So we just got notice of never before seen Nenohi knives being sold at Korin. We have a few snap shots of what it looks like, but I actually haven't seen the knives yet either.
Here's the story...
A single yanagi knife requires at least four skilled craftsmen and two weeks to create. Even top knife companies can only produce knives at the rate of ten to twelve pieces per day. The knife making process is divided into four distinct stages: forging, blade making, handle crafting and assembling. A skilled craftsman conducts the blade through many different steps before it is passed on to the next craftsman. The number of steps varies from knife to knife according to the shape of the blade, the type of materials used, as well as the finishing procedures required. A top-grade knife undergoes upwards of fifty different steps.
It is a sharpener's duty to put forth knives to the public, therefore it is the sharpener who determines the quality and nature of the forged knives. A master sharpener only sharpens blades that are forged by master craftsmen, and a master craftsmen only sends the best within the best to be sharpened by a master sharpener. Craftsmen must be very careful about which forged knives they send to a master sharpener. In the event a master sharpener rejects a forged knife, they will no longer continue to sharpen the craftsman's knife. Due to this strict process, Sakai is recognized to be one of Japan's most famous traditional Japanese knife crafting city.
Until recently, it was not public knowledge who forged a knife and there were no famous craftsmen or records of them. However, records of master sharpeners and their many awards of acknowledgement still remain, one of whom is the late master sharpener Ino. Within the hundreds of forgers who wished to have their blades sharpened by master Ino, master forger Haruma was recognized. The masterpieces that Korin would like to present are knives that master Ino determined to be master Haruma's best work and saved unsharpened for 30 to 40 years. These forged knives are considered to be the best from that era, and knives of this material is no longer available on the market.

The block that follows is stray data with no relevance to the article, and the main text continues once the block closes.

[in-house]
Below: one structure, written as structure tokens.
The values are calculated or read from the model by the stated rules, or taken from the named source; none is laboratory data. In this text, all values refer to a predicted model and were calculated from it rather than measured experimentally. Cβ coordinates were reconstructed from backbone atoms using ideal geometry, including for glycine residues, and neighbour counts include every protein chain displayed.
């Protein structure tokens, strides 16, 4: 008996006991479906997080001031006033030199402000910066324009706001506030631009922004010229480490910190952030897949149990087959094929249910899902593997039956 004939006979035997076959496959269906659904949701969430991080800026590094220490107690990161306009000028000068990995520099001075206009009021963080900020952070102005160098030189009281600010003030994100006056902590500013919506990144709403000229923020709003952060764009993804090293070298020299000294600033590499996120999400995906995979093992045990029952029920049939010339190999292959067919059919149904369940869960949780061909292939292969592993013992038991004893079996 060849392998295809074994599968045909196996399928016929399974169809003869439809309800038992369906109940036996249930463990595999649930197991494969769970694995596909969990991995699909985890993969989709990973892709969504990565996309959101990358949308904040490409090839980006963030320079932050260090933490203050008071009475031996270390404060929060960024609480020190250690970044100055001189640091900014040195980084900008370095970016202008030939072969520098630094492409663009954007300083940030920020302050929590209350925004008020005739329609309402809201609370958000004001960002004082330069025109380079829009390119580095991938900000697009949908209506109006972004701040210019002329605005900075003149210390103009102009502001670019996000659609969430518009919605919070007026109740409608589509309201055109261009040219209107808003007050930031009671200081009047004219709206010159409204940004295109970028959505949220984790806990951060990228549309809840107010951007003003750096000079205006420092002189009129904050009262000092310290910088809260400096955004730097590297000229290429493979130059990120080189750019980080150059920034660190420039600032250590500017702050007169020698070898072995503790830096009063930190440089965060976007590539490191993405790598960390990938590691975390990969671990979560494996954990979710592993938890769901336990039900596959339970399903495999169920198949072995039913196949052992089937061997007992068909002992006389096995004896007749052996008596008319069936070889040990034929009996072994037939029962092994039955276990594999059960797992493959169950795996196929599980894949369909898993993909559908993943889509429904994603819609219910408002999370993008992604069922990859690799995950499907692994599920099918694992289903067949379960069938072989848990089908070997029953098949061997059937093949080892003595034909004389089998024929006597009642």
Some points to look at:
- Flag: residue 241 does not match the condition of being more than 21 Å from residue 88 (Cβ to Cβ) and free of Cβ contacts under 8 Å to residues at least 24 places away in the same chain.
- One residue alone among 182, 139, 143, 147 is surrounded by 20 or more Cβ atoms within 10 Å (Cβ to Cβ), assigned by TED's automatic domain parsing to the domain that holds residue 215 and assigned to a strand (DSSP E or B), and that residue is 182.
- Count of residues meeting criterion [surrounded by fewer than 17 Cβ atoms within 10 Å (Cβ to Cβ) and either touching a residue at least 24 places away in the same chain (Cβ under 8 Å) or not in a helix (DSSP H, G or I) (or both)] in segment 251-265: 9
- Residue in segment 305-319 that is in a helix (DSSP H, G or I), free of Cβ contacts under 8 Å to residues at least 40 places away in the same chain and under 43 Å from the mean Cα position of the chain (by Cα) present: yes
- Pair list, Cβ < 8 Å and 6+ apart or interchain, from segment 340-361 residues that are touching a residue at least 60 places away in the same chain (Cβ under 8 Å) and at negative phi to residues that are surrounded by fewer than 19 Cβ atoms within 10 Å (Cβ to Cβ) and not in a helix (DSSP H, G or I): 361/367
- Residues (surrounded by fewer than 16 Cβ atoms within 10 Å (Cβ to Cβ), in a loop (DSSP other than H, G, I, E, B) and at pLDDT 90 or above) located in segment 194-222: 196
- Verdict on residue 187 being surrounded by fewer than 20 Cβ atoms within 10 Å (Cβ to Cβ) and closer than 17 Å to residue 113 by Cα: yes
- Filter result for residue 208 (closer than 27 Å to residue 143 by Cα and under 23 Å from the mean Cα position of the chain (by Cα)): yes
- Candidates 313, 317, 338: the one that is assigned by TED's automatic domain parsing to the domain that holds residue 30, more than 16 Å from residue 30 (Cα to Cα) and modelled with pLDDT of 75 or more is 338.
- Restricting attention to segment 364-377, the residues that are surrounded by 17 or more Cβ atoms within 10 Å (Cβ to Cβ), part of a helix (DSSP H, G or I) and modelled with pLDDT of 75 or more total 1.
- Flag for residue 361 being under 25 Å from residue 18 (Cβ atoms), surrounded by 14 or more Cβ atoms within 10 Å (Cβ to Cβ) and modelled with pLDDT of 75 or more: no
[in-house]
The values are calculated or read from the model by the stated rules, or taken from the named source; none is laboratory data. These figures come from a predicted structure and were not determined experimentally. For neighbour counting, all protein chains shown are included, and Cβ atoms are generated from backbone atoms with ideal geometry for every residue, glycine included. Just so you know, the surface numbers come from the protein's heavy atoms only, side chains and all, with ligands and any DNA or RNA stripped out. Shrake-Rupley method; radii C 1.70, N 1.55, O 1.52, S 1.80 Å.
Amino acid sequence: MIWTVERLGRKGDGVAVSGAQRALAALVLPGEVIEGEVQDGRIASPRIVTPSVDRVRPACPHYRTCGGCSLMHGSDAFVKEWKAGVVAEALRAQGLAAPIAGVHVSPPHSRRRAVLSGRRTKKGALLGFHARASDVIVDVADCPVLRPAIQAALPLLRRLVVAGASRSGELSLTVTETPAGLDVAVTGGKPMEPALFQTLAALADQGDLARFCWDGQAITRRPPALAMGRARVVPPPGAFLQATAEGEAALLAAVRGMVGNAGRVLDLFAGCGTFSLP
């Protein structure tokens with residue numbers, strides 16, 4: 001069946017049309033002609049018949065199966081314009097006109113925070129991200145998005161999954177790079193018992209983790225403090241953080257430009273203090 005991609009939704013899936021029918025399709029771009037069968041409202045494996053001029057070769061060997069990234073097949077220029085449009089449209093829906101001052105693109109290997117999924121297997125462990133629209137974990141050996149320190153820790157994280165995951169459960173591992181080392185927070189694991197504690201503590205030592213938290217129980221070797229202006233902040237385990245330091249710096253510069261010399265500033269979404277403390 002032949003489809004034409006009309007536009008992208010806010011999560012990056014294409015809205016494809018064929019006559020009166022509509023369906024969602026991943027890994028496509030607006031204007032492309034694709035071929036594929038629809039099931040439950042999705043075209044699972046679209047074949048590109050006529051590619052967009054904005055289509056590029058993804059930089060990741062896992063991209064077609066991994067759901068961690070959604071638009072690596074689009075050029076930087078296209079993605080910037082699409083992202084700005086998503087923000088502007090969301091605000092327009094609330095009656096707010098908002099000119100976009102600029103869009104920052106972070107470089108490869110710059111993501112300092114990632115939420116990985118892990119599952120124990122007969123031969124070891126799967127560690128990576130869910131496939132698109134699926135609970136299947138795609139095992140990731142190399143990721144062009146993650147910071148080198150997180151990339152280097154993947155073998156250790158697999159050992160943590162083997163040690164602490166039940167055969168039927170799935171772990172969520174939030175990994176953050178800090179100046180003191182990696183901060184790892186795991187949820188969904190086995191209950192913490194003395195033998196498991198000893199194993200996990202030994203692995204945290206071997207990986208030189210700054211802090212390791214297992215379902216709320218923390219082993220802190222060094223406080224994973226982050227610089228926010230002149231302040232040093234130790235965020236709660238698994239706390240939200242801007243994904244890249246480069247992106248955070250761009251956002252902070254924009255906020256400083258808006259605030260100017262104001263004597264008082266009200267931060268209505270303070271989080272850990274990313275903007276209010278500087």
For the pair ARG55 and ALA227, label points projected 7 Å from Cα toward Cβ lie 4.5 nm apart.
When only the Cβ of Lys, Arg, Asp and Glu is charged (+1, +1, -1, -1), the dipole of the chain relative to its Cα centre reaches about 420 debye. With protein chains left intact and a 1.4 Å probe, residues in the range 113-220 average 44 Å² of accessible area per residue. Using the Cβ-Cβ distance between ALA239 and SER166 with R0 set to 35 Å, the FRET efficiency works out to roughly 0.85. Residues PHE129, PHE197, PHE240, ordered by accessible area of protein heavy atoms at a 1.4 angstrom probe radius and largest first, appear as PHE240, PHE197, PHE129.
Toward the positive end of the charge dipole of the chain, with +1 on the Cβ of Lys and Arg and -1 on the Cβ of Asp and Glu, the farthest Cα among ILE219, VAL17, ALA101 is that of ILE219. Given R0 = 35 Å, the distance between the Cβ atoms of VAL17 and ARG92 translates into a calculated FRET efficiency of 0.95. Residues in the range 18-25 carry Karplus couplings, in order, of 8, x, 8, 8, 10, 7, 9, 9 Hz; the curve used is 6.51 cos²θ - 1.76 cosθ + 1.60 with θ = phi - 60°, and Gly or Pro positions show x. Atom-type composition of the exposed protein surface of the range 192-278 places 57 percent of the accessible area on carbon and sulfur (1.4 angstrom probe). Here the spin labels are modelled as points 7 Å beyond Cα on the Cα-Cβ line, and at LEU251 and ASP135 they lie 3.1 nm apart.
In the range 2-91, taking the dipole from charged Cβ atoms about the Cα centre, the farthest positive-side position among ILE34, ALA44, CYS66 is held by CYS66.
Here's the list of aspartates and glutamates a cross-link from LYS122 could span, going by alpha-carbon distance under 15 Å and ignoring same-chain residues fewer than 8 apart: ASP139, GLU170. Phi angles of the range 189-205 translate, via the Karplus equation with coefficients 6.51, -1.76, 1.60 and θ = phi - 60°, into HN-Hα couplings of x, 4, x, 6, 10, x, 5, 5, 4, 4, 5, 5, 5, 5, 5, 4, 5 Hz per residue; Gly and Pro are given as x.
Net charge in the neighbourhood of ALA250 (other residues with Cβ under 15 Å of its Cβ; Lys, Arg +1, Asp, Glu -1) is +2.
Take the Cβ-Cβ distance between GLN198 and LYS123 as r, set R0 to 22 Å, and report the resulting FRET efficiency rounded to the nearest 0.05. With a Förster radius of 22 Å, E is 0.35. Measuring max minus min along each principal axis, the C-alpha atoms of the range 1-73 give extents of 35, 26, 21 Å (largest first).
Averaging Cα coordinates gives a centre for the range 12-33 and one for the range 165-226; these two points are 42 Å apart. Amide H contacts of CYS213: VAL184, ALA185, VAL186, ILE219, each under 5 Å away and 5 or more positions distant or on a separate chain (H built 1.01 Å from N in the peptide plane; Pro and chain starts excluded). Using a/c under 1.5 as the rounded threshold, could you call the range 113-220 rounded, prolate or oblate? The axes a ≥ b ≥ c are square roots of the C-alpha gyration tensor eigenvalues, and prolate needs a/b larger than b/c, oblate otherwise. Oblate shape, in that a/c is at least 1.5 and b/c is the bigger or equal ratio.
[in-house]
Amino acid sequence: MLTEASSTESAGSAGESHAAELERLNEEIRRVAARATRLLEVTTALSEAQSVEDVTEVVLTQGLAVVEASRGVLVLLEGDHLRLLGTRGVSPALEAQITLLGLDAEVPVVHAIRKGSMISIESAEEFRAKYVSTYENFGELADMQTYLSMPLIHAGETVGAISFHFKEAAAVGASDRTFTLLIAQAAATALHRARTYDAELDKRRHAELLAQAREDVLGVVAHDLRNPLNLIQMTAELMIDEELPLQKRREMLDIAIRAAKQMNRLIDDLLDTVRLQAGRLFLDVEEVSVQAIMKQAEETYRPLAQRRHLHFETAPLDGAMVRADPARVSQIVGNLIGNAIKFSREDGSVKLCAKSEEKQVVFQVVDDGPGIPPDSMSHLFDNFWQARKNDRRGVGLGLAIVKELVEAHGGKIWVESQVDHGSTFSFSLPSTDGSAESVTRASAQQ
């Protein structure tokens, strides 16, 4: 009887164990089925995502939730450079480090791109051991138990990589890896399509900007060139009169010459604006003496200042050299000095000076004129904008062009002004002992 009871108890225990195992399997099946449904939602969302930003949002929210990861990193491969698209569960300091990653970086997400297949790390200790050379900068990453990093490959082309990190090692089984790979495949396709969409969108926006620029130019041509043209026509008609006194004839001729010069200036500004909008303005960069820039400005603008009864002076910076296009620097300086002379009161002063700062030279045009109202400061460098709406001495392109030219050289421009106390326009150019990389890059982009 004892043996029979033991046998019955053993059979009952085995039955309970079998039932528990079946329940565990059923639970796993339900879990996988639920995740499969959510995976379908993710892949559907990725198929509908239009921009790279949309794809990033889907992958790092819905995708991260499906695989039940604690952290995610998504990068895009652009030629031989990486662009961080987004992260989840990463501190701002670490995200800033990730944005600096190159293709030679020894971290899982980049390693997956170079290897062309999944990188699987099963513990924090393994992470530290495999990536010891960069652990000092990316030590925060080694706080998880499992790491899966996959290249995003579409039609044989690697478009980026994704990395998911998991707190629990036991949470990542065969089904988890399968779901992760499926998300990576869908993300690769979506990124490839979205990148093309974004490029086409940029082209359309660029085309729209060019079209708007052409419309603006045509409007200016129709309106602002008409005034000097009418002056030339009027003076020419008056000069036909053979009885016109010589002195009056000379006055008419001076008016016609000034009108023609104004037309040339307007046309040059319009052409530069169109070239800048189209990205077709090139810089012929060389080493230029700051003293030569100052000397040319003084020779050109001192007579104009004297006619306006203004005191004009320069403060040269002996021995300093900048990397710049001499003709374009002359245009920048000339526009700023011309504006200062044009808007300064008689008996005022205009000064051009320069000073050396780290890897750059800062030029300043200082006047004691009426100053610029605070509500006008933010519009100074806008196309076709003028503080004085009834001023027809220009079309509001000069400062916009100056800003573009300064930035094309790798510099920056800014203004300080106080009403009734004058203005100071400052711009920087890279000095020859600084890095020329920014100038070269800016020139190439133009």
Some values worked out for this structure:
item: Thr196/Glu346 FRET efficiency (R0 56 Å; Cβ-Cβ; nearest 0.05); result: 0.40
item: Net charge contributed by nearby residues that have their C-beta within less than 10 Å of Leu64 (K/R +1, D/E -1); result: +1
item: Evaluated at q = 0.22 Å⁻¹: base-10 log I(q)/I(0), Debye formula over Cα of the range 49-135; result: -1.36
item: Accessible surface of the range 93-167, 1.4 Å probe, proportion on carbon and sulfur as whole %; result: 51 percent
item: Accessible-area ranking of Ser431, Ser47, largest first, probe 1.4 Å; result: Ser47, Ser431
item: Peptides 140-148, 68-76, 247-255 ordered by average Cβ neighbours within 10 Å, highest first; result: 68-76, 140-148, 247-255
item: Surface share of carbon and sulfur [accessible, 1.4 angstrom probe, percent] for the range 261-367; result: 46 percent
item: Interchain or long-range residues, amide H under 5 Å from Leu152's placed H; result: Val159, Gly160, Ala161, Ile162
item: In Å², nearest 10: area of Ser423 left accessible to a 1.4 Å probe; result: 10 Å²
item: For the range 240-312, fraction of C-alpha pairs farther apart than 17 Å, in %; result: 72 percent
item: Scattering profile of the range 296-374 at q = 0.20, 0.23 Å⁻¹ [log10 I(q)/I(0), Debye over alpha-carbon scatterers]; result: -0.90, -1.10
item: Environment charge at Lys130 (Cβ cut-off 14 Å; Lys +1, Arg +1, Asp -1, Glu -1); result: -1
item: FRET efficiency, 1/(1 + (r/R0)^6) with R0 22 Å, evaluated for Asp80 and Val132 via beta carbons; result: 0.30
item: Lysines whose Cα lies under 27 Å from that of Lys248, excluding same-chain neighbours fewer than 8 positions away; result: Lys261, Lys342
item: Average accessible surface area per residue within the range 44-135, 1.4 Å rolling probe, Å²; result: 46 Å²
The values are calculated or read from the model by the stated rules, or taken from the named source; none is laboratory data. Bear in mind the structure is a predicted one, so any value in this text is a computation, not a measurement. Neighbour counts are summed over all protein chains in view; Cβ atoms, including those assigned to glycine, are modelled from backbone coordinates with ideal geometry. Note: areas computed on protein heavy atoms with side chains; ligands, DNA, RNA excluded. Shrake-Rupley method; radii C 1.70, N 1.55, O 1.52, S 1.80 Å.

These blades are sharpened by master Ino's descendent. To avoid damaging the knife while being showcased or handled, they do not have a real blade and must be sharpened after purchase.
[Translated for the website by Mari.]
By the way, I thought it was a little awkward that master Ino's decedents are selling knives that their ancestor left behind as treasures of that era... But I'm not complaining, I'm extremely happy Nenohi gave us the honor of letting us, a US seller, have these knives. I guess it doesn't do them any good to hold onto them forever and I'm just a sentimentalist. Hm.
Anyways, when I get more details about these knives I'll post it here.
Thanks for reading and happy thanks giving! I hope everyone is having a wonderful time black friday shopping.